I was stunned. The people around me were stunned. “What did you do to HER?” they all asked. Here we were all waiting for yummy food, some of us half-drunk, enjoying the warm autumn day. What had happened? Truth was, I don’t know. I still don’t. What the HELL was I going to do with another huge loaf? Hubby and I could barely finish the first one. I looked around sheepishly, holding this huge bread, which suddenly stood out like an 8-inch dildo, everyone looking at me with confusion and sympathy but nobody wanting to help. The bread had been tainted with rage. No one wanted to even touch the thing.
I tried to give it back to Albemarle Baking, but they couldn’t resell it. Before I could wander off to find some pigeons, a guy offered to take it off my hands. I told him what happened. He laughed, broke off a big piece, chewed, and exclaimed, “THIS is the BEST BREAD I’ve EVER had. I’d even spend FIVE dollars for it,” which made everyone laugh, breaking the tension. Then an even nicer gentleman offered to fill my glass and Hubby’s with wine. All better now. Yay.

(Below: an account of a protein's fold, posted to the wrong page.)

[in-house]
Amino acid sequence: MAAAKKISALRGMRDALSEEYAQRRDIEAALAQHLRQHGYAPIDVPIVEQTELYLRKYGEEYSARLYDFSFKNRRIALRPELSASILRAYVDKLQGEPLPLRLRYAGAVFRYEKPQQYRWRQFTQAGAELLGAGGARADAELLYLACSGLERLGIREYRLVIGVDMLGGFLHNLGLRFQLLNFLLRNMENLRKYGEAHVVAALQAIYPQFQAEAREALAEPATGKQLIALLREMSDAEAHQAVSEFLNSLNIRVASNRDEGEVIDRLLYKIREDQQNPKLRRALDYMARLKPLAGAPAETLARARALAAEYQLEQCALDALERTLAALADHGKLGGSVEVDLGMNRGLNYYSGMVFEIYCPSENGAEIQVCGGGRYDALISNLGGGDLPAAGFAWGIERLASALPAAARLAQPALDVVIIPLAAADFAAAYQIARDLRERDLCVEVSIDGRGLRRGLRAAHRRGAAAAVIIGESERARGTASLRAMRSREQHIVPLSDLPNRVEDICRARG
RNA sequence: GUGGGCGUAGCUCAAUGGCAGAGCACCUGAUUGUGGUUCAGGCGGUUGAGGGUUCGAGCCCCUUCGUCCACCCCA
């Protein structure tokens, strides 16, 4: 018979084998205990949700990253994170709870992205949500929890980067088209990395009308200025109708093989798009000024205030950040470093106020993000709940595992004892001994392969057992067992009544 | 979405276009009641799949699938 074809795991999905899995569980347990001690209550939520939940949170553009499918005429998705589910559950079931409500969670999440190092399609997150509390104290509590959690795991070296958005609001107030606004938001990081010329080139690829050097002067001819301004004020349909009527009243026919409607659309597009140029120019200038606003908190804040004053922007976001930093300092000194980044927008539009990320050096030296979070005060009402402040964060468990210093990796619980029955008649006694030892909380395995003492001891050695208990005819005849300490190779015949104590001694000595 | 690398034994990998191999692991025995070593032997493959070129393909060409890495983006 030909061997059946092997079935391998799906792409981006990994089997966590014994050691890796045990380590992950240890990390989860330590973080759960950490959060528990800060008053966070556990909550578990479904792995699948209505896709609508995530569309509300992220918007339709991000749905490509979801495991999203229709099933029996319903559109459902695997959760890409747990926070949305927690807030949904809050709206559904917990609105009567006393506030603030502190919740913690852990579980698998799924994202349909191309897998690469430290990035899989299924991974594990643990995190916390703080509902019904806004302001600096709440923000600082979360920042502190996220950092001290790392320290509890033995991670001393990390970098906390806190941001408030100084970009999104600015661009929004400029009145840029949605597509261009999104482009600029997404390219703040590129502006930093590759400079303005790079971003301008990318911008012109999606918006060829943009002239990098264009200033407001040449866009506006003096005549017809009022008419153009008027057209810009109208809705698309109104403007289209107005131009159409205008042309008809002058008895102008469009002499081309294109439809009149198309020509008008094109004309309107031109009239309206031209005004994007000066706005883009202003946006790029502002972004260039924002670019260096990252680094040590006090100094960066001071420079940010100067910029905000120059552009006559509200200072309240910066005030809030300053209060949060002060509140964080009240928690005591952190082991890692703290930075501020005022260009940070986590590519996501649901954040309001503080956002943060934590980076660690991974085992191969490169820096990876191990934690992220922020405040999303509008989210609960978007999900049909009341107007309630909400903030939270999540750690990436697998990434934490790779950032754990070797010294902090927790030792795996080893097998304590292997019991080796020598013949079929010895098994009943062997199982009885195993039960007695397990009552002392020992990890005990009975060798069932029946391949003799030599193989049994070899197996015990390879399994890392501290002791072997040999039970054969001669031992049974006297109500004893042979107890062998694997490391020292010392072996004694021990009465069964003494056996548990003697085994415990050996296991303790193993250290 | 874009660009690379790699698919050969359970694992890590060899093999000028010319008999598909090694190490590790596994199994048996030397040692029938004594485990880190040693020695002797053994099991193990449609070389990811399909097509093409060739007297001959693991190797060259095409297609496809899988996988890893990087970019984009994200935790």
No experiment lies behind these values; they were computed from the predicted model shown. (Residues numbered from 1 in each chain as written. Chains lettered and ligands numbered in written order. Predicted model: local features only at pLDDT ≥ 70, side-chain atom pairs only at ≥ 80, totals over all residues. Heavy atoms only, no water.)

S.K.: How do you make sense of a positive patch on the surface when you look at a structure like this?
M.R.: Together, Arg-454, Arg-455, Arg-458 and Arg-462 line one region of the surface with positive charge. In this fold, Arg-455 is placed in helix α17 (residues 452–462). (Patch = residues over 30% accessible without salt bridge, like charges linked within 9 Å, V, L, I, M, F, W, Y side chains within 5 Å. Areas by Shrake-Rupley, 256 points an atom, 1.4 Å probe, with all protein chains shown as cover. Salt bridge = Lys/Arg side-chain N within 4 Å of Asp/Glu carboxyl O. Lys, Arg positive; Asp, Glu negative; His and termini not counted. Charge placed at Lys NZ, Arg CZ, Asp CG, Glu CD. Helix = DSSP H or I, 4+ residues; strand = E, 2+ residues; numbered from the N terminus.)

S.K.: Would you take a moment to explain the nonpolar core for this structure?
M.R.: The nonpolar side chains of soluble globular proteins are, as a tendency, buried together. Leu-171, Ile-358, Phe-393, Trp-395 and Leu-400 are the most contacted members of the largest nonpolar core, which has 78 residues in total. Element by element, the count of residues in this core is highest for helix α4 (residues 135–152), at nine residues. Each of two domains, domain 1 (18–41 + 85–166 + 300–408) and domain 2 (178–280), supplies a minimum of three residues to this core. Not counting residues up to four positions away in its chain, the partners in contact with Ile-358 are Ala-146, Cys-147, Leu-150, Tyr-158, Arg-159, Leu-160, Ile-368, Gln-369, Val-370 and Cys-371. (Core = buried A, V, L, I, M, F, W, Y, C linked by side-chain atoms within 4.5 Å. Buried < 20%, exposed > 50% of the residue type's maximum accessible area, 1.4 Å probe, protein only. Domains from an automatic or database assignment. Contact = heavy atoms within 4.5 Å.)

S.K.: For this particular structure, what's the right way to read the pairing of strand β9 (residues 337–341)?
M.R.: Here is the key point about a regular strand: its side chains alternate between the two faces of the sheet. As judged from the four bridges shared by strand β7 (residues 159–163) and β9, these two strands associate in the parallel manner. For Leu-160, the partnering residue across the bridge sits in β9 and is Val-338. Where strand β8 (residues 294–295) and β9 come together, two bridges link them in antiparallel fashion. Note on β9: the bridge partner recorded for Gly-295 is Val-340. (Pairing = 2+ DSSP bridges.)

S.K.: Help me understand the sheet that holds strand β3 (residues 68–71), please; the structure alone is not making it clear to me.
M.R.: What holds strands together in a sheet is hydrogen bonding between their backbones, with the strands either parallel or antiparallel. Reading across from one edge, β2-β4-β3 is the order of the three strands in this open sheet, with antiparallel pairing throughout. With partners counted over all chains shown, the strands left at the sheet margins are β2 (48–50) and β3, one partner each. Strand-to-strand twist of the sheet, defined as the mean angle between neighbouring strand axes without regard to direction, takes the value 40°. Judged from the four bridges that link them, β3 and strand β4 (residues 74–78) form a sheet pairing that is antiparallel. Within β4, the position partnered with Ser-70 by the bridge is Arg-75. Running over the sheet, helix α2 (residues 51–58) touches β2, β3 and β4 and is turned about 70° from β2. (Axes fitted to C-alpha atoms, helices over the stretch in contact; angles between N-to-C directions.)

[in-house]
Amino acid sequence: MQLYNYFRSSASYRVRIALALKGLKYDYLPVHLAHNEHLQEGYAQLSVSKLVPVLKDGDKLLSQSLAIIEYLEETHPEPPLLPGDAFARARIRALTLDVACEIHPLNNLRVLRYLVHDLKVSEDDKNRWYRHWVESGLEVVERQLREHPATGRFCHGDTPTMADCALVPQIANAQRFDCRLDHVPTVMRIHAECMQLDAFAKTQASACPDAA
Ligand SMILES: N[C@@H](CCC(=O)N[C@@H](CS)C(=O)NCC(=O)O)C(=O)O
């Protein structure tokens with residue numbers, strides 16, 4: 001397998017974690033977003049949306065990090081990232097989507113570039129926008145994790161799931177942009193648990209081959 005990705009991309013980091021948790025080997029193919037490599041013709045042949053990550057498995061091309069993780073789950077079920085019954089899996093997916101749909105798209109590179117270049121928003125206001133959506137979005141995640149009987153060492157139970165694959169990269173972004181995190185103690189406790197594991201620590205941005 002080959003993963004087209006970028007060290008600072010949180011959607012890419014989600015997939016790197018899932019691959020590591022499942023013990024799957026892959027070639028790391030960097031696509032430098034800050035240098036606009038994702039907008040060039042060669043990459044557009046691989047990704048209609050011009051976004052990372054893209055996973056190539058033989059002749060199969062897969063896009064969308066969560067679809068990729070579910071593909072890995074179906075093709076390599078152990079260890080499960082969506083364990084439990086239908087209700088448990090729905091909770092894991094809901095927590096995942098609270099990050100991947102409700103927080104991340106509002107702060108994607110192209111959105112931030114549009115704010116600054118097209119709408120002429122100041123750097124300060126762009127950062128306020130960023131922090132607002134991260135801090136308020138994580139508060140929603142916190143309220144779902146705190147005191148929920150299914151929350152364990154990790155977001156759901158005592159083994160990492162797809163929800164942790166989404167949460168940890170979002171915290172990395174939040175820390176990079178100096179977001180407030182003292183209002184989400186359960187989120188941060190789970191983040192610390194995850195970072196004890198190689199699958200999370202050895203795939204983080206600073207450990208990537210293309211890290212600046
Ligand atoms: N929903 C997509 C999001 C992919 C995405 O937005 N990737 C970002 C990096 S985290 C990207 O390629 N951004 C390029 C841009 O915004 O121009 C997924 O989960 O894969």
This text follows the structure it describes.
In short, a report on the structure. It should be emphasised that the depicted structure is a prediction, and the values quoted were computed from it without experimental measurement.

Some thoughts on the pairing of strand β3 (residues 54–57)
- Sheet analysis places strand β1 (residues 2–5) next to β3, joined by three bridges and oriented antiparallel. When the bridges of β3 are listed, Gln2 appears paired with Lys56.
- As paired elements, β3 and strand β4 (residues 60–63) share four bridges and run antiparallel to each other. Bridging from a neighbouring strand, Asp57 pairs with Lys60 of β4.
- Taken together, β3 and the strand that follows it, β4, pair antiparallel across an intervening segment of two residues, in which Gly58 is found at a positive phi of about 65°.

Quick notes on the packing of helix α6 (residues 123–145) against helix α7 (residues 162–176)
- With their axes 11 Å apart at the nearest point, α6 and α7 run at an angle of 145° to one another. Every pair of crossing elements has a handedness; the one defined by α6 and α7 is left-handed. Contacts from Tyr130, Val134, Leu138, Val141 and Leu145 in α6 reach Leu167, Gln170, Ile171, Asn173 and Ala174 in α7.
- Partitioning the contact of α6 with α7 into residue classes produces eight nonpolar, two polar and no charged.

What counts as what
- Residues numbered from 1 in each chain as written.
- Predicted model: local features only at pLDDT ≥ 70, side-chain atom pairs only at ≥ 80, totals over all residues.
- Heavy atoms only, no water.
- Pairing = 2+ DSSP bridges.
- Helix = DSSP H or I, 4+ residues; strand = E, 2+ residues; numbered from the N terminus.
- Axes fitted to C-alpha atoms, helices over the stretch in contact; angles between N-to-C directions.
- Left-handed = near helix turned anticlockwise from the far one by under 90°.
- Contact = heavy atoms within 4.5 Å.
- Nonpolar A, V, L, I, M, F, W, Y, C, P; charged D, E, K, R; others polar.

The festival continued as well as our waiting. Hubby gave up being patient and cut in line to buy a bottle of white. We struck up a conversation with a guy who had just arrived, so of course we filled him in on the bread drama. More laughter. Offered him some wine. Turns out he was Chris Arseneault of Seafood at West Main. Here to taste test the oysters. More wine, more talk, more laughter. Gushing from our end on how great his sashimi is and knowledge on his end about what makes a great oyster. Did you know a thicker shell is a sign of a healthy oyster? The fact they’re clean and not covered in barnacles also makes them better? I’ve eaten my weight in mollusks and never knew that.